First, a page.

According to Williams, four "yeses" mean you need to establish limits with your child. His or her behavior is not acceptable. Remember you need to help the child to develop self-control. And also remember that one of the best ways to do this is to control yourself.
Choosing Your Battles
"You need to evaluate the importance of the situation and the appropriateness of your reaction," says Williams. "Getting your child to not behave in ways you can objectify – what you can see and hear – may be achievable; getting them to change attitudes and motives is a battle you're likely to lose. So don't focus attention of getting your preteen to stop giving you sulking dirty looks. What do you want to focus on this week? His room? Completing errands in a timely manner? No more mouthiness? You will probably help your child develop more self-control if you focus on one area at a time."
Remembering to focus on one thing at a time will help you to feel you are proactive about the situation and keep your own control. "If you are about to lose control yourself or you have just had enough, ask your four questions right then," says Williams. "Whether action or deflection is called for, walking away to cool down can be a quite effective means of modeling control. Even if you get four yeses and you need to tell the child it's time to change the subject, that you are through listening, that you need to calm down first, the child is learning that negative feelings are natural. It's important to be able to calm down, and it's important to address negative situations."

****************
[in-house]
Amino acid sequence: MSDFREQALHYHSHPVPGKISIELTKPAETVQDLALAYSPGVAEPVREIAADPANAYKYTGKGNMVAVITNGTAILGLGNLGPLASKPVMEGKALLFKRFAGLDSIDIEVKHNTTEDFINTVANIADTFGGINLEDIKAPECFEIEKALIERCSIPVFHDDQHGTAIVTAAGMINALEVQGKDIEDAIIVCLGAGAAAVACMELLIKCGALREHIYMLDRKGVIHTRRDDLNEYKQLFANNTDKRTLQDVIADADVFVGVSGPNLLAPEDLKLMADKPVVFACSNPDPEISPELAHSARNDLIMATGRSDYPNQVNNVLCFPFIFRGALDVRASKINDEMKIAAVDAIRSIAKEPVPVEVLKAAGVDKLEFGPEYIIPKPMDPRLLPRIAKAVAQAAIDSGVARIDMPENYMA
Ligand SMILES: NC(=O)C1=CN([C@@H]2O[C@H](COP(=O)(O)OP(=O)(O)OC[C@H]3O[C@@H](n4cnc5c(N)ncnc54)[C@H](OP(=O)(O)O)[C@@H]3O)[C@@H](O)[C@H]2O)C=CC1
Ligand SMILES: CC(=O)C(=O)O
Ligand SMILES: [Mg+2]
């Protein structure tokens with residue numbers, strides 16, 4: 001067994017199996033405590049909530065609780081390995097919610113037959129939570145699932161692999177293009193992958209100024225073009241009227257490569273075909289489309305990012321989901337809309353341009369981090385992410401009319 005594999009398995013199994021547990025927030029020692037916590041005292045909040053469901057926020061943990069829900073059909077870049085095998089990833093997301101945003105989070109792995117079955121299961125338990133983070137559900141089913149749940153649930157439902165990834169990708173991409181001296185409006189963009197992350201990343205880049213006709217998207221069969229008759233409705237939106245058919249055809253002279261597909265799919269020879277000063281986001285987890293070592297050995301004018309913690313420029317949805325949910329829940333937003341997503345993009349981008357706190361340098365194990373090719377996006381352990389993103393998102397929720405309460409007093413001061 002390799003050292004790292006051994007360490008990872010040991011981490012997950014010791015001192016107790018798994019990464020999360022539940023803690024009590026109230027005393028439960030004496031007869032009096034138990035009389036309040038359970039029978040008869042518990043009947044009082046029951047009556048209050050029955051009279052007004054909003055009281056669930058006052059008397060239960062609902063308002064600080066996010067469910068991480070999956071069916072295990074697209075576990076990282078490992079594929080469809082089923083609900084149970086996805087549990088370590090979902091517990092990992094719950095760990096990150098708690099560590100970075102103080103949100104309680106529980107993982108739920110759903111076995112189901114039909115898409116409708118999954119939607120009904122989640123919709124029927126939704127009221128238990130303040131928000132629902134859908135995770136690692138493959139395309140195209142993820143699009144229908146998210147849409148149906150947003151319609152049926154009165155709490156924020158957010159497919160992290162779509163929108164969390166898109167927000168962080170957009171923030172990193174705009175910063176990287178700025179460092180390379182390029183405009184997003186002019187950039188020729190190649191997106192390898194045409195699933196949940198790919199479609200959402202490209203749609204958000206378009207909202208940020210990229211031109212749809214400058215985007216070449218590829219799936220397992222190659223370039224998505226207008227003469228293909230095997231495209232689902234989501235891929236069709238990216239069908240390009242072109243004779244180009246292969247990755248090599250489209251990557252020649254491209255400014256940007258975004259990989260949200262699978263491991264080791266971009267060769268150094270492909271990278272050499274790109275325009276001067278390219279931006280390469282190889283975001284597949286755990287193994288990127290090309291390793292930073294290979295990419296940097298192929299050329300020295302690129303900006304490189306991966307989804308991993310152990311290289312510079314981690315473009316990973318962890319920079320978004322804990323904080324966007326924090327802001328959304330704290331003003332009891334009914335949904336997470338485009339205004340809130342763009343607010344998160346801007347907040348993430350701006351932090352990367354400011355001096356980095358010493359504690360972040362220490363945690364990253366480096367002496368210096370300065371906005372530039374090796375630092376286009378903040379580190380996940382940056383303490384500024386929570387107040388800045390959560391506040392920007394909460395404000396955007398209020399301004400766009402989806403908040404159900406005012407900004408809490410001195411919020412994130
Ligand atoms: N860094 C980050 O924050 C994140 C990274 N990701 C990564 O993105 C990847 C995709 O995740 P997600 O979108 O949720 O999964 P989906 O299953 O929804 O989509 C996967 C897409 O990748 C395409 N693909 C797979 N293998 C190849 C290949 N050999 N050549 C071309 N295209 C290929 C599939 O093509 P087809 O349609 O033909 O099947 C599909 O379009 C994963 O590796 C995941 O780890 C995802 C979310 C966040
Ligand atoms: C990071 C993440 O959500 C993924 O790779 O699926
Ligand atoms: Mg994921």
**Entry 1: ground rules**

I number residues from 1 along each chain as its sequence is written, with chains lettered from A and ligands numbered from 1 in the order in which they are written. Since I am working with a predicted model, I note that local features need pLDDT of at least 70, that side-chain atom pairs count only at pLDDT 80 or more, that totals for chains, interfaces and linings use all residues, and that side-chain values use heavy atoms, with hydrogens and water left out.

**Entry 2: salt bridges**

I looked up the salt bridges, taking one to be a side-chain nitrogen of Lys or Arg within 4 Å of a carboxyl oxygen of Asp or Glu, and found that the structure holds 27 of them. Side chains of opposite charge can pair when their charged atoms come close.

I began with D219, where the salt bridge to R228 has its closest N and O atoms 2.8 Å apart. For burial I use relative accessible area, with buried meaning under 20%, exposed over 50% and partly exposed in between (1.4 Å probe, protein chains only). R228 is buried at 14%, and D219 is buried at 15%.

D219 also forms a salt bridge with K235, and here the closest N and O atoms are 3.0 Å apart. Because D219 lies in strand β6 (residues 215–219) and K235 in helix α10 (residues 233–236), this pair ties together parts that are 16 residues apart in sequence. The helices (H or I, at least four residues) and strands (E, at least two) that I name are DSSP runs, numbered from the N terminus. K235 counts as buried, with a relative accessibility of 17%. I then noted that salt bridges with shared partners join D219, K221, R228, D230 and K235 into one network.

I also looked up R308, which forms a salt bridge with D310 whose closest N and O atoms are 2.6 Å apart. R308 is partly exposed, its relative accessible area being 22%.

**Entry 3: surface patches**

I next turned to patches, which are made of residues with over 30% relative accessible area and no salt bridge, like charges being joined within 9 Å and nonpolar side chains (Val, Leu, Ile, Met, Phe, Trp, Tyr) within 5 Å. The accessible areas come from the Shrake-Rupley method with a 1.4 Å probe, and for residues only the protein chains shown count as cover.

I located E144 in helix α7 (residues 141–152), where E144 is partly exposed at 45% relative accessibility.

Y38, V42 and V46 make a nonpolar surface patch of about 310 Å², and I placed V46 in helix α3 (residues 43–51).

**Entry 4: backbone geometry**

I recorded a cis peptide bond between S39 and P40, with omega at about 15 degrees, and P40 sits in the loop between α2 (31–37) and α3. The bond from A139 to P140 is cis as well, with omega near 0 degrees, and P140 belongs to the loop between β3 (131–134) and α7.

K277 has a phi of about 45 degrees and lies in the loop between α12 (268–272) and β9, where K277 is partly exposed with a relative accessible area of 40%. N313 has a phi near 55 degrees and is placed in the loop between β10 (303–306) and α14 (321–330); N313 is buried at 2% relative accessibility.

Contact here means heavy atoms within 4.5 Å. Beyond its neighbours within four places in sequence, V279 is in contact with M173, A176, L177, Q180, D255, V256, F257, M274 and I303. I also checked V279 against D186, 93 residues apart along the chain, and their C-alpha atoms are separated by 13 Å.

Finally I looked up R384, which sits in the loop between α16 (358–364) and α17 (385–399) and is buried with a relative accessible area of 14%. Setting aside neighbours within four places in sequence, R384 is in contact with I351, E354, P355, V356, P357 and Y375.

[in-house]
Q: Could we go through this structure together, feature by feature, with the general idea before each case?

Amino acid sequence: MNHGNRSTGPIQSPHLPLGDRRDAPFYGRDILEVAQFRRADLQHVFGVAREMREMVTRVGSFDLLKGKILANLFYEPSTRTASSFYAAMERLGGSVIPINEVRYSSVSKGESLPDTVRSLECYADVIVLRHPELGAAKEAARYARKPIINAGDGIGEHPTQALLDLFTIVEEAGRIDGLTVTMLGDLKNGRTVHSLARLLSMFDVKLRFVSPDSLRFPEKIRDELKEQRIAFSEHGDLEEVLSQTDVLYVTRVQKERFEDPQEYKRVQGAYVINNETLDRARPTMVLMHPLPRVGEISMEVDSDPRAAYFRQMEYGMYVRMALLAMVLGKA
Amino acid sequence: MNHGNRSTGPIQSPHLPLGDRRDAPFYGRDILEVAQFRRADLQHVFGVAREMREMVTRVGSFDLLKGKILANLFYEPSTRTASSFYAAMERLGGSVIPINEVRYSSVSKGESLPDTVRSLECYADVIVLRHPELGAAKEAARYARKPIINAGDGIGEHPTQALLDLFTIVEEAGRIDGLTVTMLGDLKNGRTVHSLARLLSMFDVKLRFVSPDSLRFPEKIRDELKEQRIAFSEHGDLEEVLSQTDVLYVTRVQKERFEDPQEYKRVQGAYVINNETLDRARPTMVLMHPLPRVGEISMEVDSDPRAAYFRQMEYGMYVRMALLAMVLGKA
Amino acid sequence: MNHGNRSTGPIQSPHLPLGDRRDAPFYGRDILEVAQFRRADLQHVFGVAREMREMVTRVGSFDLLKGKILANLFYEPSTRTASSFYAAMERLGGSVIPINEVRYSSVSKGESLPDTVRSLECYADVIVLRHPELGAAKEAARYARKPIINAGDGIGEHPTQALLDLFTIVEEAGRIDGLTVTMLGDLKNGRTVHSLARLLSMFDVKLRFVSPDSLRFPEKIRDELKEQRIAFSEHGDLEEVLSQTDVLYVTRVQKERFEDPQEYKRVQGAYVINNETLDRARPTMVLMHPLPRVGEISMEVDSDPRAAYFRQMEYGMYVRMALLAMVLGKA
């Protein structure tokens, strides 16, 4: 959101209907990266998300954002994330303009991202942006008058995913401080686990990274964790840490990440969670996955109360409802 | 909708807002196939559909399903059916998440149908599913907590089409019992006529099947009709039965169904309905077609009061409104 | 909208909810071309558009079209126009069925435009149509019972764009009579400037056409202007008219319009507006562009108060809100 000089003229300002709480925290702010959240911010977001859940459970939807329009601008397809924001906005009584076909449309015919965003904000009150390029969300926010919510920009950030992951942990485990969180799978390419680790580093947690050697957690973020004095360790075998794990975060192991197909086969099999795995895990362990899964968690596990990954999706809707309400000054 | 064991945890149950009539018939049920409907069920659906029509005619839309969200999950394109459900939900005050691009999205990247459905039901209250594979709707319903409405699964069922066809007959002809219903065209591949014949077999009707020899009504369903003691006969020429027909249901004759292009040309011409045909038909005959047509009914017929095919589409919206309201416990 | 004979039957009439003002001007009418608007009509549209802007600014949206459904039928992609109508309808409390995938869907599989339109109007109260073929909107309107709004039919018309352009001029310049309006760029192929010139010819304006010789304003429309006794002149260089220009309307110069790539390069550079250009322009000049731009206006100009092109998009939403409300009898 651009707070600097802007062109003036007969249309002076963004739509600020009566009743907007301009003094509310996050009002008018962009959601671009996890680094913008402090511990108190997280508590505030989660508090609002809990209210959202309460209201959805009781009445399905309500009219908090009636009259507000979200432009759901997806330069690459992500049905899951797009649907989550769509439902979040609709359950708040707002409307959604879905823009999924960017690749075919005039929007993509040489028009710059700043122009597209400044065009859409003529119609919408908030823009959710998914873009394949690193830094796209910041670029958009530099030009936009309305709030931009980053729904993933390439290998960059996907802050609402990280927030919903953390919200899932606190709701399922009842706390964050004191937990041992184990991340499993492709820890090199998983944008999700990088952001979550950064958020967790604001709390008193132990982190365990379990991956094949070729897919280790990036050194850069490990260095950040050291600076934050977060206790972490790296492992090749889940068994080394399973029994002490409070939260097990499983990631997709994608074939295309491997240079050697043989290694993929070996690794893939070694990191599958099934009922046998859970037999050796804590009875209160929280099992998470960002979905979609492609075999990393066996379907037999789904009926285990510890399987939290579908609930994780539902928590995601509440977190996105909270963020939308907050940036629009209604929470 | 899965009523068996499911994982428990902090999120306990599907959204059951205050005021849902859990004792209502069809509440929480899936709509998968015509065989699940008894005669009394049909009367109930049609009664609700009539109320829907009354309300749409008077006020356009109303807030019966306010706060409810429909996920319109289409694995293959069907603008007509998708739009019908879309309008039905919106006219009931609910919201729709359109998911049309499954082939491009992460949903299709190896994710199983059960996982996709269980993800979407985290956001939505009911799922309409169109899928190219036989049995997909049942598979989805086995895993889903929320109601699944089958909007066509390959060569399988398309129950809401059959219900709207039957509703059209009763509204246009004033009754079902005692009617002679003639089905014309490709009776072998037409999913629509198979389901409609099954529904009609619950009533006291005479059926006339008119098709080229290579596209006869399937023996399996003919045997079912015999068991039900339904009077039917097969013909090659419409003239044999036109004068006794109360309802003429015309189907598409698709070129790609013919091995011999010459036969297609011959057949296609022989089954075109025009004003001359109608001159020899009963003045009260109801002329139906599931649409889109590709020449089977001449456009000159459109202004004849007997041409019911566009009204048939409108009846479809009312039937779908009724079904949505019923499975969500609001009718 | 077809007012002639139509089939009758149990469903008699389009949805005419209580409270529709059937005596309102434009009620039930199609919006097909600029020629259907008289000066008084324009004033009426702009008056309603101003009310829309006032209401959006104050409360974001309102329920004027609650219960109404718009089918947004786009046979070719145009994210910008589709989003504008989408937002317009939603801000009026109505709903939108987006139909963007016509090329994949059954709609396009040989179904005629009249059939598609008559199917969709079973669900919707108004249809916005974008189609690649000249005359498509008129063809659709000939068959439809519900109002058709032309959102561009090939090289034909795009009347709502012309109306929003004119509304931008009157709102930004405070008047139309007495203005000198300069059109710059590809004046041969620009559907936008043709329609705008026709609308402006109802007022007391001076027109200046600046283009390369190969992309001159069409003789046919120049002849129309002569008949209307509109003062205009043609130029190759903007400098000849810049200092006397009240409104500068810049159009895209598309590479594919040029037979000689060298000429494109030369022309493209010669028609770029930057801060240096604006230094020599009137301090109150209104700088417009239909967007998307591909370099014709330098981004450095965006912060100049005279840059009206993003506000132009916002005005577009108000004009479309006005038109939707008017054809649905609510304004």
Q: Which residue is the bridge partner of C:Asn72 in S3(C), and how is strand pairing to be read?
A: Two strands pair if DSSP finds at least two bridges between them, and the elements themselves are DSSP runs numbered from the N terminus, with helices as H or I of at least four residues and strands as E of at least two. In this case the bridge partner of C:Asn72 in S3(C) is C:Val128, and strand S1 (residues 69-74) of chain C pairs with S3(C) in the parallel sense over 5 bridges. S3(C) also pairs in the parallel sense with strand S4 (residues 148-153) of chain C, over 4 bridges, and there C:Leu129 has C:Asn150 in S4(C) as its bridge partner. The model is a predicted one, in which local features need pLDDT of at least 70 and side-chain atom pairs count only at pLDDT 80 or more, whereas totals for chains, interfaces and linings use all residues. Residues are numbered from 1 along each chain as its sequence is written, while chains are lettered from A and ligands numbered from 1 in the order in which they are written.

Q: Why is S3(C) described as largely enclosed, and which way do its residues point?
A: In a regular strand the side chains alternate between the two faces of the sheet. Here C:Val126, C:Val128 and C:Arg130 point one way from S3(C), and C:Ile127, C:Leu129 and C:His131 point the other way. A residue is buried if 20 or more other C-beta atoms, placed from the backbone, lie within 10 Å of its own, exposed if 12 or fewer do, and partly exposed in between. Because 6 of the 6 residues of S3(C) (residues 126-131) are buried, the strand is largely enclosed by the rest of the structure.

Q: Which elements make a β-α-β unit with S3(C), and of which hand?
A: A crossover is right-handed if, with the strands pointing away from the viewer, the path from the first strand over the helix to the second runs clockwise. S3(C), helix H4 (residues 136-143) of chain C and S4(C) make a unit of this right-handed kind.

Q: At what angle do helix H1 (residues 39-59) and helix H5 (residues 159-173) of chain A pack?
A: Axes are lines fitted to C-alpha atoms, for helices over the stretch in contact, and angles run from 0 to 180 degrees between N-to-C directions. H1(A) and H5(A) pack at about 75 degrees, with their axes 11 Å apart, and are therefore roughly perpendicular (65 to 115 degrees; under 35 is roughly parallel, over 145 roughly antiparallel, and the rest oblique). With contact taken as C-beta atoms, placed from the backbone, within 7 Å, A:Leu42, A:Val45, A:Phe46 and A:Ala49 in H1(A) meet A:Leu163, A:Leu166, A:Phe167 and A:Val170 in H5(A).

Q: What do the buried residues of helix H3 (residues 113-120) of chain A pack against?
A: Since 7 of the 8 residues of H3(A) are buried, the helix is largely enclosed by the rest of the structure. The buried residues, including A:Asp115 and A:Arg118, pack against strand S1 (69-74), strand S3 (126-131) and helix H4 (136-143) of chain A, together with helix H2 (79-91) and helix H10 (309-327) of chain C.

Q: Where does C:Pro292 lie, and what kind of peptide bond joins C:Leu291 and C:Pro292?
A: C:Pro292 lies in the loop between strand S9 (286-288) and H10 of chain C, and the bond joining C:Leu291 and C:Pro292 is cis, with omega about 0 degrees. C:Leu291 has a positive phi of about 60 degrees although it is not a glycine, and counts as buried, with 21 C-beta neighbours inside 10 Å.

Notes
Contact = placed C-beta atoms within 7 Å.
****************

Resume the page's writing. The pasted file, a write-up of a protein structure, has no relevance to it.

Control is a very difficult thing to learn. If you have a hard time controlling yourself, how much more difficult is it for a child whose hormones are raging and is facing the pressures of adolescence? Ask yourself the four simple questions, and always remember they are watching – and modeling – you.